Glossy Bands. By the editors of Klutz. Klutz. $19.95.

Fingerprint Fabulous. By the editors of Klutz. Klutz. $14.95.

     Crafts books are a Klutz specialty – you could call them Klutz Krafts for their distinctive appearance: spiral bound, lighthearted, packaged with the materials needed to do the projects, and filled with photos of smiling kids wearing or playing with what they have made. The primary target audience for Klutz Krafts books is tween and preteen girls, and these two new volumes fit right into the pattern: Glossy Bands is aimed at ages eight and up, Fingerprint Fabulous at ages six and up. Glossy Bands shows how to make bracelets from a bottle – but, of course, not just any bottle. There are four bracelet-making bottles included with the book, containing enough special gel to make 14 bracelets, according to Klutz. But you can’t actually be a small-k klutz when doing these projects if you want to get to 14. The bracelets all start with a row of dots. Klutz provides the rows in the book – and includes transparent plastic rectangles called design strips to place on top of the rows. Then you squeeze little bits of colored gel onto a design strip to match the size of the dots. Little bits. The gel spreads after it is squeezed, so it is very easy to make the dots too big. Nothing wrong with that, but you won’t get 14 bracelets that way. In any case, bracelets can be made simply from a row of dots, or they can be swirled with the included swirling stick (which is more or less just a blunt toothpick), or they can be wavy or zig-zag, and the dots themselves can be anything from a single solid color to multiple colors in a flower shape (not easy – but the flower instructions appear late in the book, by which time kids will hopefully be adept at the craft). One ingredient not included with Glossy Bands, but absolutely essential for making them, is patience. Rushing will not work – the bands just won’t look good – and when finished, the bands cannot be worn for 24 hours (give them 30 hours to be on the safe side). Kids who get the hang of making these bands will really enjoy doing so: the four colors (pink, green, purple and blue) are attractive, the bands are comfortable, and it’s just plain neat to wear something you have made yourself from start to finish. And if you use up too much of the gel to get 14 bands out of the amount included, you can always 1) make shorter bands and wear them as rings instead of bracelets; and 2) order more gel from www.klutz.com.

     Kids already have the main ingredient they need for Fingerprint Fabulous. This is a crafts book of thumbprint art – fingers not included. What is included is ink for making prints, glitter glue for drawing lines, sequins to brighten things up, and a marking pen to connect the fingerprints and turn them into little cartoony pictures. Klutz starts with the basics here, showing how to make three different sorts of fingerprints (whole, edge and smudge) and providing a blank space so kids can experiment with fingerprint-making before trying out any of the suggested shapes. Then it’s time to make amusing-looking, smiling bugs (the dragonfly wearing glasses is a hoot), sweets, puppies and kittens, sea creatures and many more adorable things. The key to all this, as kids will quickly realize, is that fingerprints alone are not enough to make the creatures and characters. The sequins help dress things up and make them sparkly, but it is the marking pen that is really crucial here – just a few lines drawn between, among, around and through the fingerprints turn them into objects as diverse as a party dress, a singing trio (with bouncer), a dragon and a cheerleading squad. A page of fingerprint hairdos is especially enjoyable for kids who like to do a little more drawing. And just when you think Klutz has done as much as possible with this particular craft, two pages of tear-out cards appear (two cards per page) so kids can share their fingerprint art with each other – or maybe even send it by snail mail to friends or relatives. Fingerprint Fabulous is fun, not too challenging, and a nice way to relax and indulge some creativity – a good cure for that “there’s nothing to do” boredom to which kids are notoriously susceptible. (Aside to adults: you’ll enjoy it, too!)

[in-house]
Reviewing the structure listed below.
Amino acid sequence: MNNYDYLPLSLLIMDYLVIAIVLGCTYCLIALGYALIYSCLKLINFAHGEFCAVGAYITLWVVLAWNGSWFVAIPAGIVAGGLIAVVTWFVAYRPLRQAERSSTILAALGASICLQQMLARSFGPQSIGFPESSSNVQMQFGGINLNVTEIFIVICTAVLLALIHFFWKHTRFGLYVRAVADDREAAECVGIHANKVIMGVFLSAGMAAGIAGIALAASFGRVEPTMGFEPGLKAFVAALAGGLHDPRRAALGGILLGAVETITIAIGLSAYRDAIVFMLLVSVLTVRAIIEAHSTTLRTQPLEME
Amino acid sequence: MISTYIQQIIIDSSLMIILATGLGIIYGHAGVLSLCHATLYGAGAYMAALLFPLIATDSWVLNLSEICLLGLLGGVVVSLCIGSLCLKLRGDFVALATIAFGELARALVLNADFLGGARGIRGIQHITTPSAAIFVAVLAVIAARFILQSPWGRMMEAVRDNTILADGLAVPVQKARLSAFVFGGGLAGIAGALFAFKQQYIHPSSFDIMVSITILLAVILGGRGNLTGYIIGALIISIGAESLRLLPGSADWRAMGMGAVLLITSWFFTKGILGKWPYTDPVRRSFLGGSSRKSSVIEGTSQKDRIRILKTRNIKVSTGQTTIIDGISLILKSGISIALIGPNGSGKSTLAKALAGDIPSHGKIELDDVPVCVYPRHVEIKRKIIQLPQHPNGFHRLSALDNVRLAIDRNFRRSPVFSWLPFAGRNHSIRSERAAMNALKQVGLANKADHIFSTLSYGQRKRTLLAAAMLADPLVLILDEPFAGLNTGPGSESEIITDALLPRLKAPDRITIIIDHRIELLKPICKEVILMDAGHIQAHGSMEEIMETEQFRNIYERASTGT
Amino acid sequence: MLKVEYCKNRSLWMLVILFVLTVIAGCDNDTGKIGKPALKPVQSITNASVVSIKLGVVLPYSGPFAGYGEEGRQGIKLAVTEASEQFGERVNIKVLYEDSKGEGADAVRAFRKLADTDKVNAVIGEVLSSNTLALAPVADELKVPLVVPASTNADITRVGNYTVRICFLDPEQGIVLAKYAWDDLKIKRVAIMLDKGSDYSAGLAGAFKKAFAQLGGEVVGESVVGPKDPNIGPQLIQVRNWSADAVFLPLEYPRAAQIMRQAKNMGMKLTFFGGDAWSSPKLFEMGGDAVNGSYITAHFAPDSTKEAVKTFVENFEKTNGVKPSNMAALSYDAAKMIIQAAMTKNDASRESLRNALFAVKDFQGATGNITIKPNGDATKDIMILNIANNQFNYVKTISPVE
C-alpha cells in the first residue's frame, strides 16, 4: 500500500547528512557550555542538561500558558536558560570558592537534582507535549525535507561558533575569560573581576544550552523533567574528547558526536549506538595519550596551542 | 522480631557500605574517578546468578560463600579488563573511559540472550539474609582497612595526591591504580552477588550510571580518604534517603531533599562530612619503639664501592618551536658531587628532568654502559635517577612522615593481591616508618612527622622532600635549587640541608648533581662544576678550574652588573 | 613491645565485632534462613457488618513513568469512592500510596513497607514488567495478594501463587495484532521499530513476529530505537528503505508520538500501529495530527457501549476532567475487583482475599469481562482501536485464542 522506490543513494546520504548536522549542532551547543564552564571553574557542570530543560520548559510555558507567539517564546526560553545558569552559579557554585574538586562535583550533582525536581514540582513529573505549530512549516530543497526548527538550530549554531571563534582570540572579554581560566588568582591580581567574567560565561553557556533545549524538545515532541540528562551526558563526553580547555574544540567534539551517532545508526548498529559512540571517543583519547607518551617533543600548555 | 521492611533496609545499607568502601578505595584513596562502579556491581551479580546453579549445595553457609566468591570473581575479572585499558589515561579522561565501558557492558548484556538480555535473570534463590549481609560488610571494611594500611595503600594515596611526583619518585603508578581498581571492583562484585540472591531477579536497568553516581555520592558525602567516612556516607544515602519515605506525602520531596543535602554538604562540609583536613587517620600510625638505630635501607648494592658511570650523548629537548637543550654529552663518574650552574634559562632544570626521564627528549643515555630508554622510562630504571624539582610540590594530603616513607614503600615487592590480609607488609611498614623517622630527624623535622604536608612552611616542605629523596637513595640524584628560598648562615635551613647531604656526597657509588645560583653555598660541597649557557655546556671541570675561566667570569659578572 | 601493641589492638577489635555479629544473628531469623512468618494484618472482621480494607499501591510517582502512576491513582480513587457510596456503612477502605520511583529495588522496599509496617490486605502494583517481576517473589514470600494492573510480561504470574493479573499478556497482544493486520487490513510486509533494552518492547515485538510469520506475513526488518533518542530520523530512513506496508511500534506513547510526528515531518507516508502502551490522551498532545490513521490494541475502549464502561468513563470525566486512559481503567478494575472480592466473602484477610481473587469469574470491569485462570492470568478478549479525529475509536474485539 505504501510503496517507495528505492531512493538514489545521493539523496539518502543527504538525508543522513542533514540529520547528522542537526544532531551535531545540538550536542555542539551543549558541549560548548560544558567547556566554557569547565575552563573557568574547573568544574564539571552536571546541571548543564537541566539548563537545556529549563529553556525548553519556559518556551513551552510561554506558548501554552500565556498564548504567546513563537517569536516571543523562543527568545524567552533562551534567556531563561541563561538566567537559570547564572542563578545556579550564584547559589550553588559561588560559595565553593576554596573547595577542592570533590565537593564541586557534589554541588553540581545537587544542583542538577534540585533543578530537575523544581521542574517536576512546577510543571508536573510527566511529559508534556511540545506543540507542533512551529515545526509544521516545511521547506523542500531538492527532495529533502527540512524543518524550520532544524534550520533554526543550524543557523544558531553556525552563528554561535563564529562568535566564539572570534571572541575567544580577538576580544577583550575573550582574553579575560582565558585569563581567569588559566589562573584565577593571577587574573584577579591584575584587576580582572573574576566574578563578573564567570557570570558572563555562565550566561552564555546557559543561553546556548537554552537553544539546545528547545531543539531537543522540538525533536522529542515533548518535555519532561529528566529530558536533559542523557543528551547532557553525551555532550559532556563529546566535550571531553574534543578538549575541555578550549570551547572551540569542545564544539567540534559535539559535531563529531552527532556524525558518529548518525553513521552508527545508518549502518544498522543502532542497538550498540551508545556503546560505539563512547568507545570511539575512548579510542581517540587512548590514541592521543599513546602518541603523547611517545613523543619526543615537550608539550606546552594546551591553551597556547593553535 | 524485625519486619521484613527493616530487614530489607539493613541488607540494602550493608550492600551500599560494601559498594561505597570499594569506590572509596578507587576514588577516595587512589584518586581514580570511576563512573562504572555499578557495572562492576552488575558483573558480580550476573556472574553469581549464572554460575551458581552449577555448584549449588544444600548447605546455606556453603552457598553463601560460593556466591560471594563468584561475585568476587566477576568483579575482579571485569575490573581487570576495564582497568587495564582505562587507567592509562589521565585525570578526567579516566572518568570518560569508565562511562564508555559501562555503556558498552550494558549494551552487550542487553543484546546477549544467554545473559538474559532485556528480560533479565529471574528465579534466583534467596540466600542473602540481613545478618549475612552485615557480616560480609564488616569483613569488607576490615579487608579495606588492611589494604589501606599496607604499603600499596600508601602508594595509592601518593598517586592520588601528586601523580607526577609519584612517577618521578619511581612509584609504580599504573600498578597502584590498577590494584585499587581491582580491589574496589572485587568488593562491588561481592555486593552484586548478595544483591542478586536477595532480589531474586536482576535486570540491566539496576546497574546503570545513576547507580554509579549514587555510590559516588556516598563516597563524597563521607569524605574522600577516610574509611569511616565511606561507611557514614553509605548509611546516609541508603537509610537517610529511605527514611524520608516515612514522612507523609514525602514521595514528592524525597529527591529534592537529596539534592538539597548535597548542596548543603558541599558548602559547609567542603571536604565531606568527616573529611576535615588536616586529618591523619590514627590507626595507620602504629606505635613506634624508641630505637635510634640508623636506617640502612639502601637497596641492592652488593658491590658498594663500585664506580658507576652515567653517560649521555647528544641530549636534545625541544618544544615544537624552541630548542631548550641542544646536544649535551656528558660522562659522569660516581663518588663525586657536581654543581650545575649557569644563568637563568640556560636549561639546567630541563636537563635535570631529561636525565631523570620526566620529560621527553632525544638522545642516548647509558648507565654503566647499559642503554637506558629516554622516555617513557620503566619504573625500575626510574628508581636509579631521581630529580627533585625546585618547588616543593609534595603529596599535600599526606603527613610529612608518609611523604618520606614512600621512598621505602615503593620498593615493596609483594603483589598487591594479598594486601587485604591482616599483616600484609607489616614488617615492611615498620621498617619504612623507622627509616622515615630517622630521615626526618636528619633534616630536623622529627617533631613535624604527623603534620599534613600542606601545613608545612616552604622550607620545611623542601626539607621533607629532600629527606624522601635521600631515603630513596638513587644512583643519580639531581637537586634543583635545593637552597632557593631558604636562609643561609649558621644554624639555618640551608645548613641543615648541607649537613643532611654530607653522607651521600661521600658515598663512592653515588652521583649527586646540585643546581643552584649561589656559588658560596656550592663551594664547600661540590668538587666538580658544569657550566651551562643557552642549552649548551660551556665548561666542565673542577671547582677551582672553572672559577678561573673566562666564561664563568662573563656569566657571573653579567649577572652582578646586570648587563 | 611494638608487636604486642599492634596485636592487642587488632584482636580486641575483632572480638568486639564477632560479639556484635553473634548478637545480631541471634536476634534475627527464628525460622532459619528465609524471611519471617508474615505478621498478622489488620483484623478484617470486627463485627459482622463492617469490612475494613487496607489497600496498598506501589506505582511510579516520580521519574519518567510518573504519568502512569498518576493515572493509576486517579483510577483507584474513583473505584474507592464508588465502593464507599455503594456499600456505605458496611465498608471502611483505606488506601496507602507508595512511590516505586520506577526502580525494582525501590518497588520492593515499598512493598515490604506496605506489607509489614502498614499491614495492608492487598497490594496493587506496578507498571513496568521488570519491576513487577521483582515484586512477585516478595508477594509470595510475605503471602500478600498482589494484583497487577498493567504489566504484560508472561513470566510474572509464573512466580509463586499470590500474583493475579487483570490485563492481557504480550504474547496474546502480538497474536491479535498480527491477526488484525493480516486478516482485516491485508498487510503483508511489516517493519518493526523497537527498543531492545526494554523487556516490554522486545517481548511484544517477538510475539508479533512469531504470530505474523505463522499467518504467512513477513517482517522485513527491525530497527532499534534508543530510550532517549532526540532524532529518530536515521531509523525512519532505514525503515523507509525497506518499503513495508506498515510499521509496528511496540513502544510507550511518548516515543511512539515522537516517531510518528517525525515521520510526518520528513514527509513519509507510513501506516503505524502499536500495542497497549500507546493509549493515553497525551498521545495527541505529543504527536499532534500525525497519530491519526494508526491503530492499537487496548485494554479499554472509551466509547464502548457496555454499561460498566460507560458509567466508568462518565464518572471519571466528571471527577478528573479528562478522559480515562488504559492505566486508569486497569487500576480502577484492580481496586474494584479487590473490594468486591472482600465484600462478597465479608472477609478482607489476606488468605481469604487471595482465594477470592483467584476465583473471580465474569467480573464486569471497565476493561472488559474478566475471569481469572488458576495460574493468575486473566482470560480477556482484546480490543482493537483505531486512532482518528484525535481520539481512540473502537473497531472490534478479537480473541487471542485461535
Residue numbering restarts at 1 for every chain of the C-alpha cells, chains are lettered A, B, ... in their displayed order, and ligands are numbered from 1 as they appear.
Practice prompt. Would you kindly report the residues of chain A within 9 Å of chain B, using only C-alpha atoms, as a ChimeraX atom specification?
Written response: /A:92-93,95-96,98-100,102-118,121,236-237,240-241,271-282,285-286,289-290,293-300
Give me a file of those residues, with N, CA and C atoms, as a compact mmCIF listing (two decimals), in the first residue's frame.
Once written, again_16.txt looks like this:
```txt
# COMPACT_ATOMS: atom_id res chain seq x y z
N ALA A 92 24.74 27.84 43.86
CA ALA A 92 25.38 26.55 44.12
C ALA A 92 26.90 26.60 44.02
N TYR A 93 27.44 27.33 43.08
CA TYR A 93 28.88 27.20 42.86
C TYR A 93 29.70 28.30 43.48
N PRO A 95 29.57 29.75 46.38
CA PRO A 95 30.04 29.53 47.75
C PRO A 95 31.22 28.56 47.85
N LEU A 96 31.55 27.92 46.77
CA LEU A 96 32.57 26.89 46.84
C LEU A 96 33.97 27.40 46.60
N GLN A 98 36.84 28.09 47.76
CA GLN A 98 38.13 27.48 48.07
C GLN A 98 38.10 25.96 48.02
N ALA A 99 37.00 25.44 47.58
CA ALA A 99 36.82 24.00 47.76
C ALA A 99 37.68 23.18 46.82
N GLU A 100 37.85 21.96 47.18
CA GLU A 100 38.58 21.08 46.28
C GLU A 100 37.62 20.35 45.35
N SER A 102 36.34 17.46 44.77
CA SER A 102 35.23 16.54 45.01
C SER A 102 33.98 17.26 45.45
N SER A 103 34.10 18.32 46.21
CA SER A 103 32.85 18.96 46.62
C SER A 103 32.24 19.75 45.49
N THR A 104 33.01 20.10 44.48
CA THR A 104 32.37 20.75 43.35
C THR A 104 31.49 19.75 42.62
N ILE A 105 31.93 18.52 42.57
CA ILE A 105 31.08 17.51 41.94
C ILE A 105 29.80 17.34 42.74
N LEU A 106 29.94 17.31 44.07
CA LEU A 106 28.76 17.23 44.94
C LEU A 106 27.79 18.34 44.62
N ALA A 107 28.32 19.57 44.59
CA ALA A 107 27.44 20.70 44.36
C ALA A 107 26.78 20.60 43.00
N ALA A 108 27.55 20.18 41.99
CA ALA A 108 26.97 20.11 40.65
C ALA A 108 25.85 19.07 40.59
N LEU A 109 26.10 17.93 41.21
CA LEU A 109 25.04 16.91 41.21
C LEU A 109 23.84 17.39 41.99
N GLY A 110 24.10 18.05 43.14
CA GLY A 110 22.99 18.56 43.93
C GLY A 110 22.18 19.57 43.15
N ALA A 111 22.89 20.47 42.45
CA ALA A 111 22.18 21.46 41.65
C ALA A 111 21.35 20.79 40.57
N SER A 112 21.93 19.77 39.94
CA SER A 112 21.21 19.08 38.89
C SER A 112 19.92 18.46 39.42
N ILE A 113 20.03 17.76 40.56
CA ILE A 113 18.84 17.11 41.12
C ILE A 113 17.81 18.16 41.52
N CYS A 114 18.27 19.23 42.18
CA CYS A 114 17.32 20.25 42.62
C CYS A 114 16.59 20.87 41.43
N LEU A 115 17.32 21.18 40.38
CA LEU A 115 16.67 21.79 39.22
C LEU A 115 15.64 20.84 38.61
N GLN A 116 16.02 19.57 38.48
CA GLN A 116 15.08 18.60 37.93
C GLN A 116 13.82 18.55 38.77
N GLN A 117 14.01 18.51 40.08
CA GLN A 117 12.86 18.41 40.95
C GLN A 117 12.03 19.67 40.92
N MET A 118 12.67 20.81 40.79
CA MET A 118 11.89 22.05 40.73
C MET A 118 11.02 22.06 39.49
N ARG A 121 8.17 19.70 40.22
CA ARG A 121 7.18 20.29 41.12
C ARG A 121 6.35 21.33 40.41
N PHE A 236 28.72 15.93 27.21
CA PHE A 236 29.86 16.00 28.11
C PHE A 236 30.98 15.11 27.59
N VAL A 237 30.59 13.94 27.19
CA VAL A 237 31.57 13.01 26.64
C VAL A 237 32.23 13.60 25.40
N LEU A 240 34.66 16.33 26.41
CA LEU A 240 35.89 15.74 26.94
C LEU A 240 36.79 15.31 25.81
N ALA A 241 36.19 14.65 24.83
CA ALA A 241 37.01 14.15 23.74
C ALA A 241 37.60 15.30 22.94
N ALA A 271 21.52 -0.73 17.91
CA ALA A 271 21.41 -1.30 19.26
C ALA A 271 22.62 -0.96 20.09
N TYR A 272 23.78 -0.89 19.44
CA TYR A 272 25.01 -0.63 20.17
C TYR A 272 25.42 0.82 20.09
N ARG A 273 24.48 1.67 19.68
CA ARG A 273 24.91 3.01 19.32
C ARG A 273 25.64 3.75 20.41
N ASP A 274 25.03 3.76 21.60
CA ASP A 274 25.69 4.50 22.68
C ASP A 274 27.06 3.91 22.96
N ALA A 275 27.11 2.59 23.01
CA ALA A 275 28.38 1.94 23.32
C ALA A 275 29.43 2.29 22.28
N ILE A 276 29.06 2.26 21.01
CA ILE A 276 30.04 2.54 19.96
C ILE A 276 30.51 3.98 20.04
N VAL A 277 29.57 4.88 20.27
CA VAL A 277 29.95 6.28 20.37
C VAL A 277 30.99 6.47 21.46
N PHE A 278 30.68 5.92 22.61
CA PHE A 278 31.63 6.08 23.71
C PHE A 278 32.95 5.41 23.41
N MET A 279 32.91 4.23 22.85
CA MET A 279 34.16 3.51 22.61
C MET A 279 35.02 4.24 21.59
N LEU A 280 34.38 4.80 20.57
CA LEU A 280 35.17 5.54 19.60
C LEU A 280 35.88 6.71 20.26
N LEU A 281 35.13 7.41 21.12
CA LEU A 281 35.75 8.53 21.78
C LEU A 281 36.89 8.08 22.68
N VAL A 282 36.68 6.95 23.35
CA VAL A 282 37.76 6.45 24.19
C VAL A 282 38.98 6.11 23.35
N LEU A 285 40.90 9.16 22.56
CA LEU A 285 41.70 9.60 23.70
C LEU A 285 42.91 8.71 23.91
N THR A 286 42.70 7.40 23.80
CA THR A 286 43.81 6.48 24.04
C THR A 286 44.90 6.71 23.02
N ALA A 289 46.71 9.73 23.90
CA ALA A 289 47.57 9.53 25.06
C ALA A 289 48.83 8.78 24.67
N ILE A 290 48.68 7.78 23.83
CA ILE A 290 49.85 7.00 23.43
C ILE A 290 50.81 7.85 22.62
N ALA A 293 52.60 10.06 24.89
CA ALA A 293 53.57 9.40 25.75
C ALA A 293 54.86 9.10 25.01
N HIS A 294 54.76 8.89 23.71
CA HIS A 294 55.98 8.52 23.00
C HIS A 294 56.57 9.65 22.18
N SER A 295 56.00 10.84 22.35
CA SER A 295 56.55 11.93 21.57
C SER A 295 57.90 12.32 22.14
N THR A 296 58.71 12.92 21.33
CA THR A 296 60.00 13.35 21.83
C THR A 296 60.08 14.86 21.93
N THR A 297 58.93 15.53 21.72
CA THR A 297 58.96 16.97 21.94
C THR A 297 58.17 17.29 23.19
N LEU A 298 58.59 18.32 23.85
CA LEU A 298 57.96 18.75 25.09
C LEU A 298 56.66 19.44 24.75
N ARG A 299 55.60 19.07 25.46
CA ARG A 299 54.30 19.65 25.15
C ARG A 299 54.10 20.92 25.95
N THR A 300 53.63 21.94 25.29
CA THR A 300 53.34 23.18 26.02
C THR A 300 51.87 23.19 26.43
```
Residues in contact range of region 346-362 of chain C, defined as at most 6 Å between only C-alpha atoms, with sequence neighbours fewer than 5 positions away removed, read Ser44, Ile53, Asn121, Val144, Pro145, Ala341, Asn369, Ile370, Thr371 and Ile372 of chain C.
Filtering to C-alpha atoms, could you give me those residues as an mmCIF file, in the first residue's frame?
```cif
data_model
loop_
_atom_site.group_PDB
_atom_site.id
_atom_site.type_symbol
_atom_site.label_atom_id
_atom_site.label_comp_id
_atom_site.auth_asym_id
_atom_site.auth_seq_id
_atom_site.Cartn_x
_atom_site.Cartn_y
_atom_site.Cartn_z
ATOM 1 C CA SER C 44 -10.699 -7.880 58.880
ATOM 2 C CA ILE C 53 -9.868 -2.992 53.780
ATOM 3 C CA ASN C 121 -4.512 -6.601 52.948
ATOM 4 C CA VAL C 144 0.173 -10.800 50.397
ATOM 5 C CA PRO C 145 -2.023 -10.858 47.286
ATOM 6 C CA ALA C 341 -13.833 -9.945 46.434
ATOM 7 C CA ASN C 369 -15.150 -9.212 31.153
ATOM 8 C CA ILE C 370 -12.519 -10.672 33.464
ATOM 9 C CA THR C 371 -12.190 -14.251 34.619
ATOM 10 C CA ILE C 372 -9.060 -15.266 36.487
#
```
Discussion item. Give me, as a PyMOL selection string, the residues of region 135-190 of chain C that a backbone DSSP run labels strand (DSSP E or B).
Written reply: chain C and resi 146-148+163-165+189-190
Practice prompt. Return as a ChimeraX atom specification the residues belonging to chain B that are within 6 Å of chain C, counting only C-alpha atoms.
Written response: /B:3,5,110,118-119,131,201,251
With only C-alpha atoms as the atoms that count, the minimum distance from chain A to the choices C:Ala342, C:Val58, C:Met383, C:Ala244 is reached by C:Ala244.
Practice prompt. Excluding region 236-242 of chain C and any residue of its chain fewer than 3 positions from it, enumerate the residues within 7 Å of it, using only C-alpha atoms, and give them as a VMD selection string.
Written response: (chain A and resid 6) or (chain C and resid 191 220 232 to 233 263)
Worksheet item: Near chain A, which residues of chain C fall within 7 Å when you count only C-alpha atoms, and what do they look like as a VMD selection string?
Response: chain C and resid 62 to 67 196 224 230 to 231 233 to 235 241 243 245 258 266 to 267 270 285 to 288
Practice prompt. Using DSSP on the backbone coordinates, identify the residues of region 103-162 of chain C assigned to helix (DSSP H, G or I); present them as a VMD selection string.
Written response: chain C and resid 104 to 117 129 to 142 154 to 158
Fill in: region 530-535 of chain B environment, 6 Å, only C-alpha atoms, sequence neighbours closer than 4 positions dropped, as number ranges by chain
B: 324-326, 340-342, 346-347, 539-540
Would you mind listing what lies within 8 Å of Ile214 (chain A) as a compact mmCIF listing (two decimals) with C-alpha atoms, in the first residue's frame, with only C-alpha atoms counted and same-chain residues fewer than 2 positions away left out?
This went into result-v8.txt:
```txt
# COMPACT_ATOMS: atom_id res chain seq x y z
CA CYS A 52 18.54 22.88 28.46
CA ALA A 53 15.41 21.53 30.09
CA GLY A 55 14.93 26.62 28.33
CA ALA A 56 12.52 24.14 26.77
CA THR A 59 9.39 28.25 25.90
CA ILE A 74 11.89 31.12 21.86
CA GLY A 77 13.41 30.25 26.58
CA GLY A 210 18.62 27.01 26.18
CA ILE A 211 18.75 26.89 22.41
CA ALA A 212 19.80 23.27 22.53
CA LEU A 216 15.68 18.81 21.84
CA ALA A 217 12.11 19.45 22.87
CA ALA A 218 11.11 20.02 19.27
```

A Very Big Bunny. By Marisabina Russo. Schwartz & Wade. $17.99.

Our Farm: By the Animals of Farm Sanctuary. Poems by Maya Gottfried. Paintings by Robert Rahway Zakanitch. Knopf. $17.99.